Sharon Allan was born at Sing Sing, Tilda Jack lived at number 72 and Arthur Belk used to have his window open wide and was renowned for music blaring which could be heard by people when walking over from Burnbank to Whitehill, Arthur’s mum was big Liza. Other characters who lived here were Shug n his barrow, Rex and Ann Pan. Most of the families living at Sing Sing were connected to each other in one way or another.
There were sad things too, tragically the young boy Foley was playing between the wagons (just as most of the kids did) when they were shunted and he got caught between the bumpers and was killed outright, everyone was warned to keep out of the railway but no one could the keep the kids away from the tracks and the burn as the tunnel under the railway was a short cut to the public park.
During the Second World War Burnbank suffered at least one attack by the Luftwaffe, when a bomb was dropped near Sing Sing at the railway works on the Whitehill Road, however, I believe that the flats were not affected by the bomb.
The families were eventually moved and re-homed from the flats and Sing Sing was finally demolished in 1973, and the excuse that was given to the residents was that the council was wanting to widen the road and extend the bridge over the railway, the railway bridge used to have a foot path at the side, like the bridge over just up from the portakabin next to the express way in Blantyre.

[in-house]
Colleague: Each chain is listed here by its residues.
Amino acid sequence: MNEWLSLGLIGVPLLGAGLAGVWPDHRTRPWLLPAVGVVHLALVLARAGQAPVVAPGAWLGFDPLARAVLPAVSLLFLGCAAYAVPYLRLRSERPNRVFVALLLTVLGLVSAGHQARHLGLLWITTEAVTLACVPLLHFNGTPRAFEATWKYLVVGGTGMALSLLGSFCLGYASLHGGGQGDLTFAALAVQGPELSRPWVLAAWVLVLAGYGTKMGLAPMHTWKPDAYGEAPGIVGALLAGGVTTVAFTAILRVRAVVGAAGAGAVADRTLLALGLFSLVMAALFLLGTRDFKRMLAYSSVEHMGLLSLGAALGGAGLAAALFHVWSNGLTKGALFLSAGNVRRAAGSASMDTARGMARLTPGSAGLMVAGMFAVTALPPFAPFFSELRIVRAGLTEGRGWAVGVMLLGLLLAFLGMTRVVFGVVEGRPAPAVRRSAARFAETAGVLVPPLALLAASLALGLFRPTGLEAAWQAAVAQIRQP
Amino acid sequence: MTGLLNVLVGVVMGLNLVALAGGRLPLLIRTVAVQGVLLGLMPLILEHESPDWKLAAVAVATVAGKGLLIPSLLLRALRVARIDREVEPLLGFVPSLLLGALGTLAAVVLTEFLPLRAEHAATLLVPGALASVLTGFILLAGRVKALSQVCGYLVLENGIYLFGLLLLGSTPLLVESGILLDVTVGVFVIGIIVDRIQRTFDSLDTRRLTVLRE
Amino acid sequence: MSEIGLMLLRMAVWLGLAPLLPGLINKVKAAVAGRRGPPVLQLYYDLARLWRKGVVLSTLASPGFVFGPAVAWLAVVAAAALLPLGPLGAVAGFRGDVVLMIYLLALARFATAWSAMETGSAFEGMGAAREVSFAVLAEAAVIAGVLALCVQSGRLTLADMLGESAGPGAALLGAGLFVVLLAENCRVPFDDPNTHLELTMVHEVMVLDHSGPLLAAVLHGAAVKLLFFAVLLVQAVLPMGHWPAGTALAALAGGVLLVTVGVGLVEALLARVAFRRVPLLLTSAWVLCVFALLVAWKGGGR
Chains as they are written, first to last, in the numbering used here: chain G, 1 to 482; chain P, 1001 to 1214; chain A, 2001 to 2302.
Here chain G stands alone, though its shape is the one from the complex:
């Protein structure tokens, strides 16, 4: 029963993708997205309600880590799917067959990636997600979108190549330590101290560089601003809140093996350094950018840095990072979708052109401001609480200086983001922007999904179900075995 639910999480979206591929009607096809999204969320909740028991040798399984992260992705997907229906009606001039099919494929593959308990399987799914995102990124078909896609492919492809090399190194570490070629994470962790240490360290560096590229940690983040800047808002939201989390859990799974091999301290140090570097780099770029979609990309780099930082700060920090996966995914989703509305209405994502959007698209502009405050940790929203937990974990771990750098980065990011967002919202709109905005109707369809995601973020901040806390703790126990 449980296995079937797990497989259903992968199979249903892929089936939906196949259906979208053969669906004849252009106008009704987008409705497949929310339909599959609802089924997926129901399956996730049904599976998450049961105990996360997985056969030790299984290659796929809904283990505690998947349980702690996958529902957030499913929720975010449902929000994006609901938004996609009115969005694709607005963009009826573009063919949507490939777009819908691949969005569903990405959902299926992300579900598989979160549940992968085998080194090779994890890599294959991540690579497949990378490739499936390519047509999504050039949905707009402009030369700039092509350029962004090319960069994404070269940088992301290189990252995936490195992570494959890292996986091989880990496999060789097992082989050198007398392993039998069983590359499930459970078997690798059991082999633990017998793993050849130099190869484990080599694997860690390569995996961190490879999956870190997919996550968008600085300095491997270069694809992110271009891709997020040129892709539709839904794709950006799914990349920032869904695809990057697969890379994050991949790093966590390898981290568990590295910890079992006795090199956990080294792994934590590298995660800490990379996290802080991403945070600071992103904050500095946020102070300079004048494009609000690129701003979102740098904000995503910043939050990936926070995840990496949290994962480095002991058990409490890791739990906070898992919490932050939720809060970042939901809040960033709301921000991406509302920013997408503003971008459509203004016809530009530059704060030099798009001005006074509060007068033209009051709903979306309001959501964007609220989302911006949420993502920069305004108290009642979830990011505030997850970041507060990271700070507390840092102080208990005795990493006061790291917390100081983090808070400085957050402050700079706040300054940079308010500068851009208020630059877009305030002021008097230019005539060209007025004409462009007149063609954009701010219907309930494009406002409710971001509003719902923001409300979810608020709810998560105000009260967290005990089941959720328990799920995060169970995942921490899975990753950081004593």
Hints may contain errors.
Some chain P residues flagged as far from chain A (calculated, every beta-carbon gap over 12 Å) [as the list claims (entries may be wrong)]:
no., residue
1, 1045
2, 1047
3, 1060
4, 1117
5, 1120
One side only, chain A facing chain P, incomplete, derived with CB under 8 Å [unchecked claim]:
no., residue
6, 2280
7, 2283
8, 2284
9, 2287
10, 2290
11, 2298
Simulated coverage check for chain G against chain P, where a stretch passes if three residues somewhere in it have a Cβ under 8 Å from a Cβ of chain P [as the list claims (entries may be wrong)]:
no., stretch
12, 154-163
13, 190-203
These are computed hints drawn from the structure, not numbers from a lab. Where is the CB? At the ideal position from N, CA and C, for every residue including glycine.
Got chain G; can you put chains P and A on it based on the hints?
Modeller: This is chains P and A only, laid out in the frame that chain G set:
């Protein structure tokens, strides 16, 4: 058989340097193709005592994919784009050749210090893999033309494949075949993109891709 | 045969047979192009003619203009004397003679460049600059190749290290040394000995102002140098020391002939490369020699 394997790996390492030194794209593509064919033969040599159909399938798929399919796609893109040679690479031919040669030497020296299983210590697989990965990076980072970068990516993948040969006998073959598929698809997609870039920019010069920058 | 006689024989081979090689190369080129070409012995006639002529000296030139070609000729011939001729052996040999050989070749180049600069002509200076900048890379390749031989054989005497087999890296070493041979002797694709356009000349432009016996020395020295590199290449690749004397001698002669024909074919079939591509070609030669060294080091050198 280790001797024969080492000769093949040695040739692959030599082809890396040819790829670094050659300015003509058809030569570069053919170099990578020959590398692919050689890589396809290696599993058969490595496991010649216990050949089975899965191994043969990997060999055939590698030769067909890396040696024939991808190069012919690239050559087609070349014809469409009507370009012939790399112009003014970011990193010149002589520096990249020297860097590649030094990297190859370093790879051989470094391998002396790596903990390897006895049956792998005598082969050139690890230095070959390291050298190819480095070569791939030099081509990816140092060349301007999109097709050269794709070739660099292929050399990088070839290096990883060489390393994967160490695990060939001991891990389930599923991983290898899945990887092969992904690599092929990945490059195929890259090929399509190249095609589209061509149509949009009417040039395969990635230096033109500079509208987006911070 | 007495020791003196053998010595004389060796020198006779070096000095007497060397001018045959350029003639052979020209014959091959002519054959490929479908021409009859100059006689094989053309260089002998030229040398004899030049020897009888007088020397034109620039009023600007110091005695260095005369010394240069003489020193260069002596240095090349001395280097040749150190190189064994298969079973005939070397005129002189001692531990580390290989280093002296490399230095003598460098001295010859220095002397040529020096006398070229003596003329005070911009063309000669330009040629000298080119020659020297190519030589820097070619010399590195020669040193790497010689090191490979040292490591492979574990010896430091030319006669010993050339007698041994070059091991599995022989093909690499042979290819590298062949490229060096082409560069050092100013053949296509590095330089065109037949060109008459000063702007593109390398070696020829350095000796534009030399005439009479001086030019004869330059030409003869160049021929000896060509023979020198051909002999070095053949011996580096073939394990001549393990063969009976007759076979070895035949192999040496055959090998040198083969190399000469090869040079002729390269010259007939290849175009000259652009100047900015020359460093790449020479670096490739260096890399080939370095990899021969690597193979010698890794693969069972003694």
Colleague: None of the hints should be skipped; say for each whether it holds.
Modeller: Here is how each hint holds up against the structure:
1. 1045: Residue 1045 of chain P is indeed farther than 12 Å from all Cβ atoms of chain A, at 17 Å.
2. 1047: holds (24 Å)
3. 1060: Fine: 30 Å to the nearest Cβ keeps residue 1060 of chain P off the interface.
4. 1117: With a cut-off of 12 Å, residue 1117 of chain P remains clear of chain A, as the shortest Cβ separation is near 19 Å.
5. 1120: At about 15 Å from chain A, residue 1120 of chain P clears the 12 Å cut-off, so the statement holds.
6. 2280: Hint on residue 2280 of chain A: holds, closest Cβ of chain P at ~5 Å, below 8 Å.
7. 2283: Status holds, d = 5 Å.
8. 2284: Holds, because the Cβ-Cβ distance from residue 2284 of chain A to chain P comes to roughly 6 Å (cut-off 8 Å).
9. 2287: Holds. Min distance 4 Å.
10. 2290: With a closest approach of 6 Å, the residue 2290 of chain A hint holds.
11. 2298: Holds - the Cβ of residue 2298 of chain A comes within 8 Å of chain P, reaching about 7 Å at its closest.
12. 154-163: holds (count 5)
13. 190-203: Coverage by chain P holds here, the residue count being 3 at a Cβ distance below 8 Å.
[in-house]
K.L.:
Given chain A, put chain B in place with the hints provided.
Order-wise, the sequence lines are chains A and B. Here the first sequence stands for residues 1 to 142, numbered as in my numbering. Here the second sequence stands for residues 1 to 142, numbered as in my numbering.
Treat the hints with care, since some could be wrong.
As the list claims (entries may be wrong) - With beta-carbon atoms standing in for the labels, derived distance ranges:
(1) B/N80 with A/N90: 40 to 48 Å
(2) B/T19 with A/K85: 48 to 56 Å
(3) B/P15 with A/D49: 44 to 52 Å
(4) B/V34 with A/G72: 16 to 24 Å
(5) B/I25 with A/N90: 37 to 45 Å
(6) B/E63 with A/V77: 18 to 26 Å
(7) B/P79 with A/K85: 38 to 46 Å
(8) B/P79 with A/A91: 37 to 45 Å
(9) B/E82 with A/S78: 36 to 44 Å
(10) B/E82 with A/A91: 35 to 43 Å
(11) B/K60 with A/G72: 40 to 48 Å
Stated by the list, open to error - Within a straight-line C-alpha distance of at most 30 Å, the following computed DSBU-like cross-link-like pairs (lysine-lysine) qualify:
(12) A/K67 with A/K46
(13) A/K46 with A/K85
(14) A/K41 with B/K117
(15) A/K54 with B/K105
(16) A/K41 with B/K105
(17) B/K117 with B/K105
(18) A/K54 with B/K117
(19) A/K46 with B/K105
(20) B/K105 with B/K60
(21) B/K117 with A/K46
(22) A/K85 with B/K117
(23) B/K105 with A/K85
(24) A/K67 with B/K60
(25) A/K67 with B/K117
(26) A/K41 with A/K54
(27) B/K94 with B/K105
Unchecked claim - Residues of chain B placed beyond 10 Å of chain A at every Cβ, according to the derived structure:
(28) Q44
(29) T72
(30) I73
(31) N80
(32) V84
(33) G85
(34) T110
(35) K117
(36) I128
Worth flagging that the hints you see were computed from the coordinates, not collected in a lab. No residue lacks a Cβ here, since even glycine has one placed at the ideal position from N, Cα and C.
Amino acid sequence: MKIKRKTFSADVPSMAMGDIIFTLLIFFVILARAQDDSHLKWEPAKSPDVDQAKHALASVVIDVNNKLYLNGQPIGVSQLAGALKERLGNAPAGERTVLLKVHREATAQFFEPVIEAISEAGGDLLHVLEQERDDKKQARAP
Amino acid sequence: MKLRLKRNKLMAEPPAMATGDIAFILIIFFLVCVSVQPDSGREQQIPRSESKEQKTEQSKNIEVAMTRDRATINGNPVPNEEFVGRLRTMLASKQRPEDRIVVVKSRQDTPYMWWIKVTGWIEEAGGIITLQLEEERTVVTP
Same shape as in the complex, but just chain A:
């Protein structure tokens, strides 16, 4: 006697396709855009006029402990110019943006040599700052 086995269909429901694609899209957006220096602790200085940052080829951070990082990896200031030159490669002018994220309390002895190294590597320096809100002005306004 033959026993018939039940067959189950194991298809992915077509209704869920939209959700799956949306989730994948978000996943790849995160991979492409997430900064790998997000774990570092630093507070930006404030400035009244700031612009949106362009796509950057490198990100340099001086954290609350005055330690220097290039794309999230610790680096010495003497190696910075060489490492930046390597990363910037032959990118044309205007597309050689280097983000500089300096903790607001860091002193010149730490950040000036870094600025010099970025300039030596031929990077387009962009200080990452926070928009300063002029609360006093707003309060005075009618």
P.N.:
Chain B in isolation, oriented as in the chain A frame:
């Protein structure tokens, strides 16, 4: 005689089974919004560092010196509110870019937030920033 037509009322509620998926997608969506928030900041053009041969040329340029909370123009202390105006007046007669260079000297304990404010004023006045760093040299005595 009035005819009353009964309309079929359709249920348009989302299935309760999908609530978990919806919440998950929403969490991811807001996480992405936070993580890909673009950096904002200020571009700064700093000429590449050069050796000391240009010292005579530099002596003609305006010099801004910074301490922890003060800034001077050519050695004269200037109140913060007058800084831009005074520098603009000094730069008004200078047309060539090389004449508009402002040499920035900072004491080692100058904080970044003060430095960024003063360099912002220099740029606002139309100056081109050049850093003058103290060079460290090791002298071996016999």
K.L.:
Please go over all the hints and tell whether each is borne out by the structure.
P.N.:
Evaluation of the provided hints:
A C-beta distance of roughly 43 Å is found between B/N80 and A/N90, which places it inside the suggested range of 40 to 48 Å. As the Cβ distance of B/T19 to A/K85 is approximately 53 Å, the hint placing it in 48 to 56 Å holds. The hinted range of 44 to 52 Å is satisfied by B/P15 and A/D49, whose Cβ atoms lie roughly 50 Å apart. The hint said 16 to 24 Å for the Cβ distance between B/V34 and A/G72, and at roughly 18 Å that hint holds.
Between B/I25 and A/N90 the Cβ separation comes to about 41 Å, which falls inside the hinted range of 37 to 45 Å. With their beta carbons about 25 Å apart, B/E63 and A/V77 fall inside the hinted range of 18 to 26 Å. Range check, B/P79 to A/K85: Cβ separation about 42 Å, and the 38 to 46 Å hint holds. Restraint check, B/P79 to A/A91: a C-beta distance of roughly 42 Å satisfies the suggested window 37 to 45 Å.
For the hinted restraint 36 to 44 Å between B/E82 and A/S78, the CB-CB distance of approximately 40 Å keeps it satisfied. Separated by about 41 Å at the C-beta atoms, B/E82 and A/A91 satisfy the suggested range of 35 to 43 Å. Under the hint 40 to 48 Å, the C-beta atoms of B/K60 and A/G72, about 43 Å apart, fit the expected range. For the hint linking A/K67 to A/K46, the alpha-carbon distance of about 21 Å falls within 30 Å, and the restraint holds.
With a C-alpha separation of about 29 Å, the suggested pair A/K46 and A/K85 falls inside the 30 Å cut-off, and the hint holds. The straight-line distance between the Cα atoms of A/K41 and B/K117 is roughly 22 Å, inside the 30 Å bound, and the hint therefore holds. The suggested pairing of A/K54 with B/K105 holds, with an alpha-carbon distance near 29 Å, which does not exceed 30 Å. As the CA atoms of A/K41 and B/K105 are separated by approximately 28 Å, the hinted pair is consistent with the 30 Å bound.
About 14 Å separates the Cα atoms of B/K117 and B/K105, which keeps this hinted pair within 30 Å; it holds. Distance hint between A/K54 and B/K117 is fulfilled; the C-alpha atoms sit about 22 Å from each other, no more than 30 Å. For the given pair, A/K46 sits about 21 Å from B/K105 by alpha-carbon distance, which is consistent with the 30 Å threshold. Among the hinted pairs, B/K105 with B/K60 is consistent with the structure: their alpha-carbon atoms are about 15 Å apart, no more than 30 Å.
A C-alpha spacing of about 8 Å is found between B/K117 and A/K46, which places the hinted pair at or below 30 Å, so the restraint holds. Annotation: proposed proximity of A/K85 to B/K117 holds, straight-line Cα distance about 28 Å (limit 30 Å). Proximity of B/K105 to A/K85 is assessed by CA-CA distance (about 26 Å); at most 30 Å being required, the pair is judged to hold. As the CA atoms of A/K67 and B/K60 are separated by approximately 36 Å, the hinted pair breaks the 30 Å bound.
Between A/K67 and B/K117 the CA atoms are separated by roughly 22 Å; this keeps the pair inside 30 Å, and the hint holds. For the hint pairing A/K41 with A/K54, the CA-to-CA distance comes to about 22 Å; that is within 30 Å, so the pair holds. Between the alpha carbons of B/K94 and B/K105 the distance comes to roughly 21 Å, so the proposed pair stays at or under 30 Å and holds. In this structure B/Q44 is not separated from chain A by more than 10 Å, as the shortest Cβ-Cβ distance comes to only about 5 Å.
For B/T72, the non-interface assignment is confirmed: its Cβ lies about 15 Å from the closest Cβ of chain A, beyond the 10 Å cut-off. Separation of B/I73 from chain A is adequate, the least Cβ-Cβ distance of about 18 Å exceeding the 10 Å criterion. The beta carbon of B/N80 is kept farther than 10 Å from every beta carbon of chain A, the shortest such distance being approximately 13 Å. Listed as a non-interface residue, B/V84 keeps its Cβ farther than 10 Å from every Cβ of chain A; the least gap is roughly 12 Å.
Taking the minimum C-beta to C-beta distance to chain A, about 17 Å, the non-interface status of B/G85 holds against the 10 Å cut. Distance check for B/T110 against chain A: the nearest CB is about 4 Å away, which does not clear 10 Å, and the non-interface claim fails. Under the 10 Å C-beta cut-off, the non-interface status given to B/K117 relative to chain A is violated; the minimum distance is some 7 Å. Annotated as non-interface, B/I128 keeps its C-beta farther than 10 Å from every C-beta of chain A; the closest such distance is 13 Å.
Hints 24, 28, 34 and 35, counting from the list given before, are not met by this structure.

I spoke with a former local resident James Poulton who is a relation of mine and James told me:
“The people in it were great to get on with but the police were not welcome, the place was one big family and a lot of crooks stayed there but everyone got on and it was a great place for the children with the railway and a burn at the bottom of the drying green everyone who stayed there would have gone back given the chance the place was a community everyone knew everyone else and a lot were connected in one way or another”